I can vouch for that. I flew into Iraq for the first time in December of 2006, and stayed through most of 2007. The violence was everywhere, and it was indiscriminate. It seemed to me that I could at least hear a car bomb going off about every 45 minutes, and many shook the ground. Small arms fire was everywhere, and in the early days of 2007, it was almost continuous. No amount of time passing me by will ever blunt the stark terror of those rides in Hummers through Baghdad, waiting for an IED to blow my legs off – or worse. And at 2AM, when rockets and mortars came in and literally sprayed my little office with dirt and shrapnel, it became extremely clear to me that being the only structure around with lights still showing through the windows just wasn’t worth getting a little more work done that night.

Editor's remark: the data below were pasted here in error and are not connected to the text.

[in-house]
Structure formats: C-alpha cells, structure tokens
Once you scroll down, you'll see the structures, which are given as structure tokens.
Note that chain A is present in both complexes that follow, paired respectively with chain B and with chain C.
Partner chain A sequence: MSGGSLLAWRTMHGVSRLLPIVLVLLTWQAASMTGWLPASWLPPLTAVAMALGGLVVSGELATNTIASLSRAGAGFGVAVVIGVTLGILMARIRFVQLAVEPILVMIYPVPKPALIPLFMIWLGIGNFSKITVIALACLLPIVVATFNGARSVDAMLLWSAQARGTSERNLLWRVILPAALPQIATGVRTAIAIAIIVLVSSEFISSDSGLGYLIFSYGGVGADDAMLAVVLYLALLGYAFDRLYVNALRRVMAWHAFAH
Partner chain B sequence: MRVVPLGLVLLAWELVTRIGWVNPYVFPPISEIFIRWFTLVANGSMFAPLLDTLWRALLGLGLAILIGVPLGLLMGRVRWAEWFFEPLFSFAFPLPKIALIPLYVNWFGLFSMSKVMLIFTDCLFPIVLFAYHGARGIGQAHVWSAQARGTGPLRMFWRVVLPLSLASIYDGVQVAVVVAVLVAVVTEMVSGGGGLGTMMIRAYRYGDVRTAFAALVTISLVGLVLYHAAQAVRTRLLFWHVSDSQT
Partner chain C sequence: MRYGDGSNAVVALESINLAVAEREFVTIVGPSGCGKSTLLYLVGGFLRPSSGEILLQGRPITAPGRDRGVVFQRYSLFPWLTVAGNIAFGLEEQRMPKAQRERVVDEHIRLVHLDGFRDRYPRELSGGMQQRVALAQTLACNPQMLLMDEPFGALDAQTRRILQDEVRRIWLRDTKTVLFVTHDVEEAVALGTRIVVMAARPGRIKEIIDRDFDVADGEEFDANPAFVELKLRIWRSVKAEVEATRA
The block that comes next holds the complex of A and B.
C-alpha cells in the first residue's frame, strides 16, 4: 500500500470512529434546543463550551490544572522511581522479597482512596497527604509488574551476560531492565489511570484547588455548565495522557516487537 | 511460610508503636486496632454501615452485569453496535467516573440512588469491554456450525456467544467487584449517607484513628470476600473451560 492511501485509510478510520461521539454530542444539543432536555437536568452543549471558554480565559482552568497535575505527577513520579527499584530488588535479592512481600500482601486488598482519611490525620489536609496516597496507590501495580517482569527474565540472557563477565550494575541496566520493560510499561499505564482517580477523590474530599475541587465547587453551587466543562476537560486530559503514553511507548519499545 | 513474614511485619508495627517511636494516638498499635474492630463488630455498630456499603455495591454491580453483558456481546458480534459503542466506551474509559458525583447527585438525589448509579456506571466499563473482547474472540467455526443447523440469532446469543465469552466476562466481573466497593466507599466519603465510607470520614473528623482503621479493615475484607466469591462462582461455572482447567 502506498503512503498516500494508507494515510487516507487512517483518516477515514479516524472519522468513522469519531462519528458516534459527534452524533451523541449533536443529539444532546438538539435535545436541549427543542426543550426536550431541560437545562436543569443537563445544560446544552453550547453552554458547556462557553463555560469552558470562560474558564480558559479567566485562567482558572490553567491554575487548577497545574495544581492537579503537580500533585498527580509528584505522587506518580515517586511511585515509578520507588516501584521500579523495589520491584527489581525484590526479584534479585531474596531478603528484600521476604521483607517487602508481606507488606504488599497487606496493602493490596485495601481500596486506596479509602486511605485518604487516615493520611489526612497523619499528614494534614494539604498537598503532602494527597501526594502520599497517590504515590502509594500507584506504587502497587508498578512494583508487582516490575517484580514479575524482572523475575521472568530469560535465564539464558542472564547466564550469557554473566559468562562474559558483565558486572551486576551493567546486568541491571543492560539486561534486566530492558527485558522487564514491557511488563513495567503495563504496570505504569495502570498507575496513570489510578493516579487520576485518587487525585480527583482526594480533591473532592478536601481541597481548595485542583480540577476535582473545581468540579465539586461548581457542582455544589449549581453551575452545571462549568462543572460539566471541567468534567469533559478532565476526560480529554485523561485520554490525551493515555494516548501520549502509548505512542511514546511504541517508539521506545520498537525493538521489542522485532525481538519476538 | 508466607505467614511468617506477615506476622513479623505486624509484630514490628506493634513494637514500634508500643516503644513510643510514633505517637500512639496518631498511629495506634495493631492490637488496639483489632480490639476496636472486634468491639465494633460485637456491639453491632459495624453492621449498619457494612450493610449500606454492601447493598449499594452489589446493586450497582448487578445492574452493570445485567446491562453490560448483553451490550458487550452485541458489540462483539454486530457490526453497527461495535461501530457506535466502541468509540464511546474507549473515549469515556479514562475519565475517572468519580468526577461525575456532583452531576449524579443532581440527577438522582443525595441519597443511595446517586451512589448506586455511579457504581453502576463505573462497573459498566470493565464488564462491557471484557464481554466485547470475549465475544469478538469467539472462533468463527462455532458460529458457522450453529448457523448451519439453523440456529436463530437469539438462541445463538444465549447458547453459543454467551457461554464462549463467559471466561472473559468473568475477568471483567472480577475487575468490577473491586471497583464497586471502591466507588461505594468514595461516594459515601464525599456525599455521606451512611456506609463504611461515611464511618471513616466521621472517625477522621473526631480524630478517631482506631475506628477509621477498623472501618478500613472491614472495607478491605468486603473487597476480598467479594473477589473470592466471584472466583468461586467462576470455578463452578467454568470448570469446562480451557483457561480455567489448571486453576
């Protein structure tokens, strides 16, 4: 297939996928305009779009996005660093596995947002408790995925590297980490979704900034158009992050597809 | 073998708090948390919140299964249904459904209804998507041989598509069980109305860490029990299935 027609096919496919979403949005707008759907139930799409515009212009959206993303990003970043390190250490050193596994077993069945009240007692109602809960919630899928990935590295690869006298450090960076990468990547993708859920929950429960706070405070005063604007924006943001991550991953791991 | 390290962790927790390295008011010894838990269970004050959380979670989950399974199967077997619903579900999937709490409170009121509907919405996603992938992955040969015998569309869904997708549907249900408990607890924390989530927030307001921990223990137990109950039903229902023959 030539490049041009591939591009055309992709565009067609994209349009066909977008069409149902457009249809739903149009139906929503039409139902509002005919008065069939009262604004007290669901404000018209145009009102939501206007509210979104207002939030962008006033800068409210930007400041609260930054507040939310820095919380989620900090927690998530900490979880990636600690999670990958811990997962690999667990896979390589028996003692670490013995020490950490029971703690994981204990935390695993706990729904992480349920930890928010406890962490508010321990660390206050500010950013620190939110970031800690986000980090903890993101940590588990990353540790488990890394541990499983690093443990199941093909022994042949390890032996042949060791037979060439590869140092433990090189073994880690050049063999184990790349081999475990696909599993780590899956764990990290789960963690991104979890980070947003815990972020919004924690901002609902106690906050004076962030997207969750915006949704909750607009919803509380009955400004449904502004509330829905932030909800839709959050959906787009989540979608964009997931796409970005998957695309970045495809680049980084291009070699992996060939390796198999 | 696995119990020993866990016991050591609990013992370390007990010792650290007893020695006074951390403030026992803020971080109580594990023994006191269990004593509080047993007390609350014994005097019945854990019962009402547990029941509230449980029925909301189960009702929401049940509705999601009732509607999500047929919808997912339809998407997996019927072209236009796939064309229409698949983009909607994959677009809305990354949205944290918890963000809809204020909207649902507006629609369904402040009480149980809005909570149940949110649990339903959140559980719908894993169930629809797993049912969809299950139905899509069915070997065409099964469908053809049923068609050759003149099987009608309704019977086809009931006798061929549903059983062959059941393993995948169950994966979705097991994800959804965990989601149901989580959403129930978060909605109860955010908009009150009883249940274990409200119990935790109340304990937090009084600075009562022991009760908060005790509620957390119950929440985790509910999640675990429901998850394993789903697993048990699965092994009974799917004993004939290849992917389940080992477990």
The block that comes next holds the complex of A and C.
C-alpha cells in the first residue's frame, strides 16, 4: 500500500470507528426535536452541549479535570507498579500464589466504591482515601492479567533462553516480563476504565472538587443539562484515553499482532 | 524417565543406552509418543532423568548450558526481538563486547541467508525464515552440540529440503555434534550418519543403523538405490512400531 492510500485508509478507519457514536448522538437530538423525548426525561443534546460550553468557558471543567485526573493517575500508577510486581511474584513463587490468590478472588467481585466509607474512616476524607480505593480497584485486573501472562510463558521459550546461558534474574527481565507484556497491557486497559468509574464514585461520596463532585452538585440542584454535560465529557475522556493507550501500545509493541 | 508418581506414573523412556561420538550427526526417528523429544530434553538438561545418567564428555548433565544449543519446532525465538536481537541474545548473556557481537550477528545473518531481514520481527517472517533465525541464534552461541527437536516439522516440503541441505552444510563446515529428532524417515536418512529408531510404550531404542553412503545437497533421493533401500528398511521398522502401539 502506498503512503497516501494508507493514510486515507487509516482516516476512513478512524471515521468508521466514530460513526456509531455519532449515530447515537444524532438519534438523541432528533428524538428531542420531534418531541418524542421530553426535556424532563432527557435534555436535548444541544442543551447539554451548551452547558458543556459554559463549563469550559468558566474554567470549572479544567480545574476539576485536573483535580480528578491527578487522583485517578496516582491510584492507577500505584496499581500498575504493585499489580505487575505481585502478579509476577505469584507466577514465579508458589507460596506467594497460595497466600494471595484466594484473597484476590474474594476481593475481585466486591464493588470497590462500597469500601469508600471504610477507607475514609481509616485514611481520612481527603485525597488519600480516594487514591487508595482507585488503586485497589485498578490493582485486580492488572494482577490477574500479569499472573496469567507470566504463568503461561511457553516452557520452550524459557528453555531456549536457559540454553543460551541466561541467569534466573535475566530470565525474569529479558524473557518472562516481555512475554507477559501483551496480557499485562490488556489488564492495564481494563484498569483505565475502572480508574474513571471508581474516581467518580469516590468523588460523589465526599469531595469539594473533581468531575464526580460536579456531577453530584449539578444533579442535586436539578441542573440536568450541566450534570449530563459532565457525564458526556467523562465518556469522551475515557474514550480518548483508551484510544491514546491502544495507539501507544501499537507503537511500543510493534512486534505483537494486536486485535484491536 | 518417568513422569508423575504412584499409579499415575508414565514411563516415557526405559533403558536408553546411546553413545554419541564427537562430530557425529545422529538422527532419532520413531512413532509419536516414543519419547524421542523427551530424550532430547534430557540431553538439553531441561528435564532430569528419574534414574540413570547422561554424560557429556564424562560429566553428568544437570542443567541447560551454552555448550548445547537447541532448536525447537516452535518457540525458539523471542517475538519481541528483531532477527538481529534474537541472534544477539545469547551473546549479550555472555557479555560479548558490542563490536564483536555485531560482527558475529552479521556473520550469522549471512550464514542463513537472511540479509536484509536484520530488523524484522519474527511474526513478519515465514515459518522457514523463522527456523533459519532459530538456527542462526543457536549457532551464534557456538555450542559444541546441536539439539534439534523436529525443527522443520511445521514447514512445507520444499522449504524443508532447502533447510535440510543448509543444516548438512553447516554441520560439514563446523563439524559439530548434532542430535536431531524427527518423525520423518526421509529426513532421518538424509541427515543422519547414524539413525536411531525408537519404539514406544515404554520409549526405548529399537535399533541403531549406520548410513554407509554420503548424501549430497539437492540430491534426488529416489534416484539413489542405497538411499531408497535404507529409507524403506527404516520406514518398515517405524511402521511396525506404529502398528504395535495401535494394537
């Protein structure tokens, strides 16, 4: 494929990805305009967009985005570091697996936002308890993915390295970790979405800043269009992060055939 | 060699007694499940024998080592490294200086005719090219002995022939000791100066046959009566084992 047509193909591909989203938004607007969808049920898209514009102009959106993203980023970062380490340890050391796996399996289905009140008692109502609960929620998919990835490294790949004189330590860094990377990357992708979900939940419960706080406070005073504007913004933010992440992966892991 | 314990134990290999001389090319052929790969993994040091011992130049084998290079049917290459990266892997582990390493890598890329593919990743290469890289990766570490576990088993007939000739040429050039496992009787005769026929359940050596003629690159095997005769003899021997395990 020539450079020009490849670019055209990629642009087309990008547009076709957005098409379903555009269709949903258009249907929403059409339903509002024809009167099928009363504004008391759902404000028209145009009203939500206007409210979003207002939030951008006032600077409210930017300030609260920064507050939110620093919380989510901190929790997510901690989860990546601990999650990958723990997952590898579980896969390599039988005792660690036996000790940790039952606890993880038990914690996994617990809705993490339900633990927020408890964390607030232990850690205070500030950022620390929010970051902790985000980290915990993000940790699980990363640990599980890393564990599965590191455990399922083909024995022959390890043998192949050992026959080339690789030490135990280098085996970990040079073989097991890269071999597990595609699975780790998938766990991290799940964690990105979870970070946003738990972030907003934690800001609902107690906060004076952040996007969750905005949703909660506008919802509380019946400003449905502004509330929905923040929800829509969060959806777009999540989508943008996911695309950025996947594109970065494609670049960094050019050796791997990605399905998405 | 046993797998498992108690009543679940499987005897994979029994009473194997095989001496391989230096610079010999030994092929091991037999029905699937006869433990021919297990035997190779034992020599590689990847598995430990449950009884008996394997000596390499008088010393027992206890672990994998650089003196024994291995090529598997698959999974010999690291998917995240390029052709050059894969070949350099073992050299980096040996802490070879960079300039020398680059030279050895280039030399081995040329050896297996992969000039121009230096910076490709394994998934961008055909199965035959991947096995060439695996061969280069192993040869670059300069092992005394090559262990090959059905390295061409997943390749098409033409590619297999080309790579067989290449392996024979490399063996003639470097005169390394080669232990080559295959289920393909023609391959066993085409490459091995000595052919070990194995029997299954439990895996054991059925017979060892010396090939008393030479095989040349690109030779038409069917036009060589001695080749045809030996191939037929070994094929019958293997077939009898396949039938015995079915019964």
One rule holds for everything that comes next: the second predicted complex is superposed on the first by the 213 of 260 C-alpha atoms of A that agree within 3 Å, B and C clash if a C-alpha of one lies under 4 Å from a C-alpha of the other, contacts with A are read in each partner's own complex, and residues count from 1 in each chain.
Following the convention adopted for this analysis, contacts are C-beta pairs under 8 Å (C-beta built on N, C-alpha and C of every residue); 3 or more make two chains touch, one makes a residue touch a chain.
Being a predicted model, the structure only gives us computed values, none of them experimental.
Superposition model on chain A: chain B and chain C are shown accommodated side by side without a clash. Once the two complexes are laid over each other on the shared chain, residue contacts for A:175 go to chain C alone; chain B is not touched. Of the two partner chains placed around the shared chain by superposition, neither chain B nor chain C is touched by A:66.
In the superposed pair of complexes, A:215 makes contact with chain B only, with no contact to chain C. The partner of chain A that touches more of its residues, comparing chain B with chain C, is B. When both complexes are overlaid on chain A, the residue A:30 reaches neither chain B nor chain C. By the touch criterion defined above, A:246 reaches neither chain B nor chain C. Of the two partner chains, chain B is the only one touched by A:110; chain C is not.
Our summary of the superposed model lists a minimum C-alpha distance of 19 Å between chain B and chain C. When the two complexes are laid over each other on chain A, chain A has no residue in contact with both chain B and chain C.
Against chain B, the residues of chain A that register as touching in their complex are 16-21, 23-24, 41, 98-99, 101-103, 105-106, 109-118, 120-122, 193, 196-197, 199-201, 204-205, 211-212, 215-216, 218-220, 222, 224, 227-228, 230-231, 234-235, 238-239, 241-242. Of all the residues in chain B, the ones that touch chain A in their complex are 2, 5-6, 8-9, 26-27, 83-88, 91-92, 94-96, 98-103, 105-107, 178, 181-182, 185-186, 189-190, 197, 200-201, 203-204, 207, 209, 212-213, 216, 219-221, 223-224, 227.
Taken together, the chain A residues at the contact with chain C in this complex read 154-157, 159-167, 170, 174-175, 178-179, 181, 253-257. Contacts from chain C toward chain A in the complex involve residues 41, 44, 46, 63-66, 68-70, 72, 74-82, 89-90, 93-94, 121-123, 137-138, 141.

It was interesting for me to follow the flowing river of written and verbal rhetoric running through the internet, the airwaves following the tragedy. The debate around gun ownership split open again, and it took only a few hours for opportunists on the liberal side of the aisle to launch attacks on conservative figureheads like Sarah Palin and Rush Limbaugh for “contributing to the environment” that spawned this horrific attack. The President personally led moments of silence, traveled to Arizona to deliver speeches, and paid his respects to the grief-stricken families in several public venues. One article by Richard Wolf in the January 12 Wall Street Journal that was especially interesting to me entitled: “Amid Troubles, Presidents Inspire and Heal” laid out the words and actions of FDR following Pearl Harbor, LBJ following the Kennedy assassination, Ronald Reagan following the Challenger explosion, Bill Clinton following the Oklahoma City bombing, and George W. Bush following the 9/11 terrorist attacks.